European Commissioner for Research, Innovation and Science
Launch of Women in Science Campaign
European Parliament / Brussels
Members of Parliament,
Ladies and gentlemen,
Europe needs more female scientists and researchers. We need them to solve problems like climate change, energy and public health. We need them to help improve our economy and to help provide growth and jobs.
We cannot afford to waste any talents. We need all the best people working together, whether women or men.
So, I am delighted to be here today to officially launch the European Commission's Campaign on Women in Research and Innovation.
During my hearing at the European Parliament in January 2010, I made a firm commitment to improve gender equality and the gender dimension in research and innovation.
To do this, we need to tackle both sides of the coin: by encouraging the employers - research institutions – to make structural changes that will encourage more women to pursue science careers; and on the flip side, by encouraging young women and girls to choose science and research for their studies and careers.
Girls and women have always wanted to be involved in science, but to do this they have always had to overcome bigger obstacles than the boys have had to.
Yes, we have come very far since the 1880s, when the Irish woman Annie Maunder was refused a degree from Cambridge despite coming top of her class in mathematics – because formal degrees were only awarded to men!
Today, there is a growing pool of talented women in Europe. They make up more than half the EU's student population and 45% of doctorates (PhDs), but women account for only one third of career researchers.
In some sectors, such as engineering and computing this figure is even lower.
There are many factors at work in the discrepancy between women and men in research, such as a lack of female role models, gender stereotyping that begins in school and, later on, less family-friendly working conditions.
Let me pose you a few questions: when you think of a "mechanical engineer", do you think of a man or a woman? If someone is talking about a hydrologist or a meteorologist, do you imagine a man or a woman in a white lab-coat? And as for a primary school teacher or a nurse?
If you answer “a man” to the first two questions, and “a woman” to the third, there’s probably a reason. And we need to do something about that, we need to overturn assumptions.
That's what this information campaign is all about.
We want to overturn clichés and show women and girls (and boys too!) that science is not about old men in white coats.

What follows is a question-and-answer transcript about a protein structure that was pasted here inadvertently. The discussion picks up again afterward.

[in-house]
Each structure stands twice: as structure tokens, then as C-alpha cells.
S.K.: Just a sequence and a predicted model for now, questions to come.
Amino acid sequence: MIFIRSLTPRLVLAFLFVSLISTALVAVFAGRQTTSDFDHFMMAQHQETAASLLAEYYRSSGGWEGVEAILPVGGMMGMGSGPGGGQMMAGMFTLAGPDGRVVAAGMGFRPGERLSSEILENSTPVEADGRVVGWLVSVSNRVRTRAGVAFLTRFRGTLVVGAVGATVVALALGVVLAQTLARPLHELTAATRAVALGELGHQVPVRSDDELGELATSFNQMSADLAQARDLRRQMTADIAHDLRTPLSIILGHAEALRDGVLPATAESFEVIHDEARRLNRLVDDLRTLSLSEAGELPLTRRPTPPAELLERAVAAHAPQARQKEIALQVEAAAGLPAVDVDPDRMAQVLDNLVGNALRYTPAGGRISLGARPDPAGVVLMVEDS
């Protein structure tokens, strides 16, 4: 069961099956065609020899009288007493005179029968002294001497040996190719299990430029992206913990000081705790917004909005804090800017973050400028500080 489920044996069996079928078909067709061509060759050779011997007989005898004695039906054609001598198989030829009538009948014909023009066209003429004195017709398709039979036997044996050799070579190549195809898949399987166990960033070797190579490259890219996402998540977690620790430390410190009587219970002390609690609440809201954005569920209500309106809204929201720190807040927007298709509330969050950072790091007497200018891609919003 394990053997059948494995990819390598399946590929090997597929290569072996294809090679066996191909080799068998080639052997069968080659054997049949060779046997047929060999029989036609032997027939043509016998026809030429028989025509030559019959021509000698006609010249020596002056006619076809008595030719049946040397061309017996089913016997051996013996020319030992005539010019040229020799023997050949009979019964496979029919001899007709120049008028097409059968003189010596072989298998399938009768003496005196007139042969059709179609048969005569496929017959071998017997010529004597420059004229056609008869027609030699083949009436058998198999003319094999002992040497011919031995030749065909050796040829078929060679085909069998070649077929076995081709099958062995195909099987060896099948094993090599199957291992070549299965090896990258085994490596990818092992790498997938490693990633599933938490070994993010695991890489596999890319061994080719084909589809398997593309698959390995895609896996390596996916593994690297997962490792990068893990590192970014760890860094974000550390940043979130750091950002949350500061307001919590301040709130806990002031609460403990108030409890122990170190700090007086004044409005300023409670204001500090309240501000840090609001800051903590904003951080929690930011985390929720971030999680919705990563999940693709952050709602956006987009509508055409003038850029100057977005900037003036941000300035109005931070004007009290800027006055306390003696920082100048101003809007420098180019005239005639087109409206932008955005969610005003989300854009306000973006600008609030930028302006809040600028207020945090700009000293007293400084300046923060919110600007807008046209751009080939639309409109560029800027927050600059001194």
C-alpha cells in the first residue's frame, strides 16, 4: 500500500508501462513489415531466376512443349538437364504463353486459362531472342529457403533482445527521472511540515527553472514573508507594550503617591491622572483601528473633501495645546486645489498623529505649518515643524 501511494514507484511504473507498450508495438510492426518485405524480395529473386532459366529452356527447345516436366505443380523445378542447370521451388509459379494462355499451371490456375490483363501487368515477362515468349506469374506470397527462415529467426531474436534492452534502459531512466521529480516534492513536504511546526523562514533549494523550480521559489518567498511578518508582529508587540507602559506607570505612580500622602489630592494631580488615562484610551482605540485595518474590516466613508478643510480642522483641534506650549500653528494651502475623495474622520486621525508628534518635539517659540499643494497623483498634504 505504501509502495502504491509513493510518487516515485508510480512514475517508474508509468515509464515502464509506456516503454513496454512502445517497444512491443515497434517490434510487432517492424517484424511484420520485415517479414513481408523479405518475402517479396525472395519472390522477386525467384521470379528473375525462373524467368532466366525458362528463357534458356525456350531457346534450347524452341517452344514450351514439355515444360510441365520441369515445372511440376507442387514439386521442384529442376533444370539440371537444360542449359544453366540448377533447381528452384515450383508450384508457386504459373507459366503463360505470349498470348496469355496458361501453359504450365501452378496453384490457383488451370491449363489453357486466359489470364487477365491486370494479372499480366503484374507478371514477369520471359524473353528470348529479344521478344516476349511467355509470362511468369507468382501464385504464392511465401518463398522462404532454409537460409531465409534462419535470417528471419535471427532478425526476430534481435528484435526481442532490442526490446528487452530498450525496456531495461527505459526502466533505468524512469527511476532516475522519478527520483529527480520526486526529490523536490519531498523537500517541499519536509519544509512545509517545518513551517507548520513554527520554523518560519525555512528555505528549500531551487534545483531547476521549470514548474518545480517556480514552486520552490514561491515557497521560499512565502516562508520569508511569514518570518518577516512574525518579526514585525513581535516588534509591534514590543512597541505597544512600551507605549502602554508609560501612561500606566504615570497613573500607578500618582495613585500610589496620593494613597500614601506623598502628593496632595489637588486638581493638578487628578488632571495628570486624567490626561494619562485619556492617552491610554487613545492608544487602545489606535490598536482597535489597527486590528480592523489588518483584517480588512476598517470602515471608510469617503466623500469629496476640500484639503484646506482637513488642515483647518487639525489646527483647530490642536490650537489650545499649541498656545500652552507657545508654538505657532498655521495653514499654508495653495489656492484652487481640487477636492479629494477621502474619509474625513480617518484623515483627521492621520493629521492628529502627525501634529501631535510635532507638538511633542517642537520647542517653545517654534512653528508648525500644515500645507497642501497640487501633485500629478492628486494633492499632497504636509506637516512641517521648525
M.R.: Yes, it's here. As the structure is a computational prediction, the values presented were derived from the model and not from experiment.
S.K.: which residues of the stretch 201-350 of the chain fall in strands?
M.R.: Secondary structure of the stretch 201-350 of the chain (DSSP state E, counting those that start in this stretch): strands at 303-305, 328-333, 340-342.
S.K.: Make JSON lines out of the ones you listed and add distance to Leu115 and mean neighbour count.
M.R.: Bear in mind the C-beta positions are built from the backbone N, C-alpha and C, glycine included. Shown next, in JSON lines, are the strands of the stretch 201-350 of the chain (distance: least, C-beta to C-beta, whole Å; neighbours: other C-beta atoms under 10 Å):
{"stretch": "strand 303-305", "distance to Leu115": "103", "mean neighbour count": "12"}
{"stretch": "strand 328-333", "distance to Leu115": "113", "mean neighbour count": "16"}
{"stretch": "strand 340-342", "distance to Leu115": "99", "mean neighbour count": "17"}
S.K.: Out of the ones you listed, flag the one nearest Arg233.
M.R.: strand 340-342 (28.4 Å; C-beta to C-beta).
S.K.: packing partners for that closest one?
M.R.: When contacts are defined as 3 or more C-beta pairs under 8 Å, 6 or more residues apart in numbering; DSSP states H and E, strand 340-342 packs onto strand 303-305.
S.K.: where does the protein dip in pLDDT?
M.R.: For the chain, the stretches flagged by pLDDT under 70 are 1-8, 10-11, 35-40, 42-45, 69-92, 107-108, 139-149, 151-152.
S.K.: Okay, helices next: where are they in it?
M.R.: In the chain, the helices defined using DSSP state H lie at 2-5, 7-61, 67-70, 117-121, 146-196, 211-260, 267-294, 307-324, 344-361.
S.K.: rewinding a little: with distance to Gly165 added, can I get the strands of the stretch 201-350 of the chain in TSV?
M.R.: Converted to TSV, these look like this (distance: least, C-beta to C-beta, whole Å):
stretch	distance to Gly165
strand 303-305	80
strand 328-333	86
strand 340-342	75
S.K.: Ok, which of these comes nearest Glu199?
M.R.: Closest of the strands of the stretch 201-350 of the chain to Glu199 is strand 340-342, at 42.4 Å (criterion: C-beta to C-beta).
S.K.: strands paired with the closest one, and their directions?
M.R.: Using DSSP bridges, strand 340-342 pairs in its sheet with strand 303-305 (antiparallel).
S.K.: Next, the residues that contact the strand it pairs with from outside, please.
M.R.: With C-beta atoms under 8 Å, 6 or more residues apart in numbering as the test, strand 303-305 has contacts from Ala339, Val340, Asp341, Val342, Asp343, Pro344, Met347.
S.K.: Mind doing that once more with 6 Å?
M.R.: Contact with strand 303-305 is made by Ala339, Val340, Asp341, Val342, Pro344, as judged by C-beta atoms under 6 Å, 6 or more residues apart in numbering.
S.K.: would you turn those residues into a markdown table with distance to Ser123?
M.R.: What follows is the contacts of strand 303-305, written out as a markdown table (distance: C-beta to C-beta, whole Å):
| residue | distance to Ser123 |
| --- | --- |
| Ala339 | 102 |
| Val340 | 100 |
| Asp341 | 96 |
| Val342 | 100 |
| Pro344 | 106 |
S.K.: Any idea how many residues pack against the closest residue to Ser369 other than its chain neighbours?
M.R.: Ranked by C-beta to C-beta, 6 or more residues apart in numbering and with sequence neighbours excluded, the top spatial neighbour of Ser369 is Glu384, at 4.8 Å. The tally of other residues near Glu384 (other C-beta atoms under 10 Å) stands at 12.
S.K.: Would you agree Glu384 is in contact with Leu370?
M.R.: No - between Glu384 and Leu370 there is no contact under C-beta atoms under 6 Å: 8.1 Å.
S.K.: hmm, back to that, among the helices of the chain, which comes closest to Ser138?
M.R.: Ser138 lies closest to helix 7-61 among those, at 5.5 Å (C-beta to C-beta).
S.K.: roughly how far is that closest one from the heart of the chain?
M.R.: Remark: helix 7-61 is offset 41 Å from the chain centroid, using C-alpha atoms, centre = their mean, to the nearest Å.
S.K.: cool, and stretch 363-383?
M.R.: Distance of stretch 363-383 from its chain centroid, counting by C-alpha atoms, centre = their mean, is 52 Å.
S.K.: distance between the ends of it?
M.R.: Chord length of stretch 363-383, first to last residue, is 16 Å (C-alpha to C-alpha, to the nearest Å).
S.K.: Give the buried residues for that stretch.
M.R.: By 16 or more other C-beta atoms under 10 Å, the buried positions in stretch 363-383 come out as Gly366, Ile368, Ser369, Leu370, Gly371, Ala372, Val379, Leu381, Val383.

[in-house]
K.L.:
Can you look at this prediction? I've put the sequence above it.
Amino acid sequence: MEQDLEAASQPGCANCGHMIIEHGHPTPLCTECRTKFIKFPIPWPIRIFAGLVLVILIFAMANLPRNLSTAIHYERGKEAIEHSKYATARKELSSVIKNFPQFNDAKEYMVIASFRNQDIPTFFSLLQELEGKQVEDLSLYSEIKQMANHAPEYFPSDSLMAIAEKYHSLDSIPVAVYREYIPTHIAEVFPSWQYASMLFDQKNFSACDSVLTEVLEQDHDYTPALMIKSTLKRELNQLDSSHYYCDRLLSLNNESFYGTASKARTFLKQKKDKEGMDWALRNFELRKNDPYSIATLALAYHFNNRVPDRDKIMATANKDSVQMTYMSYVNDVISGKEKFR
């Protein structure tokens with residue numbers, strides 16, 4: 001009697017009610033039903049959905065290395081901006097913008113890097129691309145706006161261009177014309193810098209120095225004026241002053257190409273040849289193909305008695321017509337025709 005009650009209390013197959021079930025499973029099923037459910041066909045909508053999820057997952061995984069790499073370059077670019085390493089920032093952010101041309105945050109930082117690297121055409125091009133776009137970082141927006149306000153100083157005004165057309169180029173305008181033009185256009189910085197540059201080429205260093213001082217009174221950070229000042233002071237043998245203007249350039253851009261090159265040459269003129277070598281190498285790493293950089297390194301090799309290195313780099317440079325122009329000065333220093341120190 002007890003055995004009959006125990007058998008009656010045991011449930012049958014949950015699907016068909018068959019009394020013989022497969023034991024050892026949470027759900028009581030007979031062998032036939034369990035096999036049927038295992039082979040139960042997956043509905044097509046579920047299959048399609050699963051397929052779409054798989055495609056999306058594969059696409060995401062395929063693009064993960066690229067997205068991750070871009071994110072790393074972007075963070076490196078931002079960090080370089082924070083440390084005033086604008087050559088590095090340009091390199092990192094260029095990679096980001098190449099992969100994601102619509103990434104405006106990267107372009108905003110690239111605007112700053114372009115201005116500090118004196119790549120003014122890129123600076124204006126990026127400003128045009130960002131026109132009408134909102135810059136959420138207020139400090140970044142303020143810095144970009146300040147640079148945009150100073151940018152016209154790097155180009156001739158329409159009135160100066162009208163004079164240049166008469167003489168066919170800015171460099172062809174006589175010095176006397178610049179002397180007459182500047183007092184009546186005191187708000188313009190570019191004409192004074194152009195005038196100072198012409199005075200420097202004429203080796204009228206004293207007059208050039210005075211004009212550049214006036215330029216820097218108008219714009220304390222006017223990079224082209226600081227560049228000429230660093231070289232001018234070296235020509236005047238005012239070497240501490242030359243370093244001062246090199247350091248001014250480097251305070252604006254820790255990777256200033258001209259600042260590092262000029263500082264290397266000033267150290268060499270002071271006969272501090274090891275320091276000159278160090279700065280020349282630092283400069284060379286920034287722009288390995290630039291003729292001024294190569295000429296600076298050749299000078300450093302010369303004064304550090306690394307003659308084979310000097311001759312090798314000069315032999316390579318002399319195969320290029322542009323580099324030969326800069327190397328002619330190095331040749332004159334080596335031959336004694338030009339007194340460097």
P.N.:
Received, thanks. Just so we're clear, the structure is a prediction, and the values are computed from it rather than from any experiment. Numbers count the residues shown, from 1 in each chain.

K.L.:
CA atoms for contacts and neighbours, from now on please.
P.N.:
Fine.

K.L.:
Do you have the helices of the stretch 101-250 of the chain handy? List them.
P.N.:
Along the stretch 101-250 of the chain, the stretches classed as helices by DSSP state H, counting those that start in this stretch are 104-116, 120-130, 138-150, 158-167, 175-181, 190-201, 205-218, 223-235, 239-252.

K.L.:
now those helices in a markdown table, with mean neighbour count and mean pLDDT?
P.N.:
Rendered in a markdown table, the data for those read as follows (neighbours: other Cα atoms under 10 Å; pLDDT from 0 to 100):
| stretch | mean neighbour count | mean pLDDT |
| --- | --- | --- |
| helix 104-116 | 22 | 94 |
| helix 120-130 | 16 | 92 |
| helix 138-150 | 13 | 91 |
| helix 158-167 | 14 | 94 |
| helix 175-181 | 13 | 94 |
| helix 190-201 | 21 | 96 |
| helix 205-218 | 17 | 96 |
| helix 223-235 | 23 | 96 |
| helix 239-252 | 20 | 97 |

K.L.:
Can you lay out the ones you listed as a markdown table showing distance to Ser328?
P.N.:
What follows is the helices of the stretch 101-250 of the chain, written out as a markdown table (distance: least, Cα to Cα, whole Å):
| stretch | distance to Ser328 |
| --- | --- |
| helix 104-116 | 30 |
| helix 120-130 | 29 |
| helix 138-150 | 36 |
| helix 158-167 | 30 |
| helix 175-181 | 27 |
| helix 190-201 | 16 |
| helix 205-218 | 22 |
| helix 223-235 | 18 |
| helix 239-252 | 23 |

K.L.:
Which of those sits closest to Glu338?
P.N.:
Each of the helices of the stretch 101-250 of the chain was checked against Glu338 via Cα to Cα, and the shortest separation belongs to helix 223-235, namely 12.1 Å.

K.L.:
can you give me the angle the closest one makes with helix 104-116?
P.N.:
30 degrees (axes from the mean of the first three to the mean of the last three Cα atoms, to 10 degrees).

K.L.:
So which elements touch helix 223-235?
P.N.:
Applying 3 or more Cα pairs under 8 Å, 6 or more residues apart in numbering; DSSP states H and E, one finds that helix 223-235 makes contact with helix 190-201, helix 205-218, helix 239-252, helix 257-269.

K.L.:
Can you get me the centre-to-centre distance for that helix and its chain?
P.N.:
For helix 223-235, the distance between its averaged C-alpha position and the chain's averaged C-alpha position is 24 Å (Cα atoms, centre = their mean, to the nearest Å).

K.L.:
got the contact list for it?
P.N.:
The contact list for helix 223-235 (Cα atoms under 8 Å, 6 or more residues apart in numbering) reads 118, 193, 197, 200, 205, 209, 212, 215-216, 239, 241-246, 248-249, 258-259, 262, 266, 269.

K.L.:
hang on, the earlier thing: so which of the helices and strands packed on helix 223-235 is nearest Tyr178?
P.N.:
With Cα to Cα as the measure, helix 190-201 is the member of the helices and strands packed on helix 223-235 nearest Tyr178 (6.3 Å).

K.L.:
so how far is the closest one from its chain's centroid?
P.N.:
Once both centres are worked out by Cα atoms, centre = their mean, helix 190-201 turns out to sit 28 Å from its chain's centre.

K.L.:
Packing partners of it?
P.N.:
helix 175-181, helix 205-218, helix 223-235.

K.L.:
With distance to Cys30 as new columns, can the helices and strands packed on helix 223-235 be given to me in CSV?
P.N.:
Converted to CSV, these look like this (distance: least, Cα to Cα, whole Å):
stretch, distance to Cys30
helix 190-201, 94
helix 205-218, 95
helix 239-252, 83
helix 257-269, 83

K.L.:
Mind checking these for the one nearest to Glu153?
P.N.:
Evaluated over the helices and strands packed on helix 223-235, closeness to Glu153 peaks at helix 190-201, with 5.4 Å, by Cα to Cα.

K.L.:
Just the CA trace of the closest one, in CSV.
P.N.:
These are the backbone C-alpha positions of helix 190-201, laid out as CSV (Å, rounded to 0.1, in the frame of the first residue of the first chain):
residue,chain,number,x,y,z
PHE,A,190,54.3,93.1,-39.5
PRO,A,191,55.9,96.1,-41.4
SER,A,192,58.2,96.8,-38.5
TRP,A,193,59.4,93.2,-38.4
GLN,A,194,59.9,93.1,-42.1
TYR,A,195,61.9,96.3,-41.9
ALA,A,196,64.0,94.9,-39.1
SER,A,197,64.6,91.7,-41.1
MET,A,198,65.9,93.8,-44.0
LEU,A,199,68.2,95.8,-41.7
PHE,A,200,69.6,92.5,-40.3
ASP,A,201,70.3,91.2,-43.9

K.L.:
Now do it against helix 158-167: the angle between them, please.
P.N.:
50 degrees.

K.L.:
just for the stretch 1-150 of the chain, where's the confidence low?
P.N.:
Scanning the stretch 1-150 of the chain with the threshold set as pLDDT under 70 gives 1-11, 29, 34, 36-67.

The first part of the campaign is aimed at getting teenage girls interested in studying the STEM subjects: science, technology, engineering and maths.
We also want to show that science is creative, innovative, as well as fun, and socially useful.
More than that, we start stimulating education systems towards getting girls interested in science. We should, dare I say it, make science 'sexy', make it cool.
If we want more women in research, we have to get girls interested in science at an early age - we need education systems, schools, teachers and parents to encourage them.
Young people typically make career-critical decisions between the ages of 13 and 17. That is when they make the choices that will direct them towards or away from scientific subjects.
Recent analysis of education data from OECD-PISA shows that at age 15, both girls and boys have roughly the same preference and ability in science and technology. Girls in many countries even outperform the boys in maths and science. But then a large percentage of girls drop out of science, engineering and technology to pursue other subjects.
That's why this first part of the campaign is aimed at teenage girls, with the slogan "Science: it's a girl thing". The second phase of the campaign will encourage older female students to pursue scientific careers.
Getting young people, and especially girls, involved early in science at school is a key element. I began my career as a schoolteacher and I know how important it is to connect with young people, capture their interest, and help them develop a passion for science. Their imagination is the innovation of tomorrow.
Passion, imagination and connecting are what this campaign is all about. I invite you to join us on line and in the national events we will organise in the autumn and next year. I would also like to thank the role models who agreed to take an active part in the campaign and with whom you will have the possibility to talk later on.
A few minutes ago, I launched the video teaser for the campaign. It makes studying science look so cool that I wish I could turn the clock back a few years and choose science subjects to study! Then, perhaps, I could join those inspiring women scientists who made the leap into politics, such as Claudie Haigneré and Angela Merkel!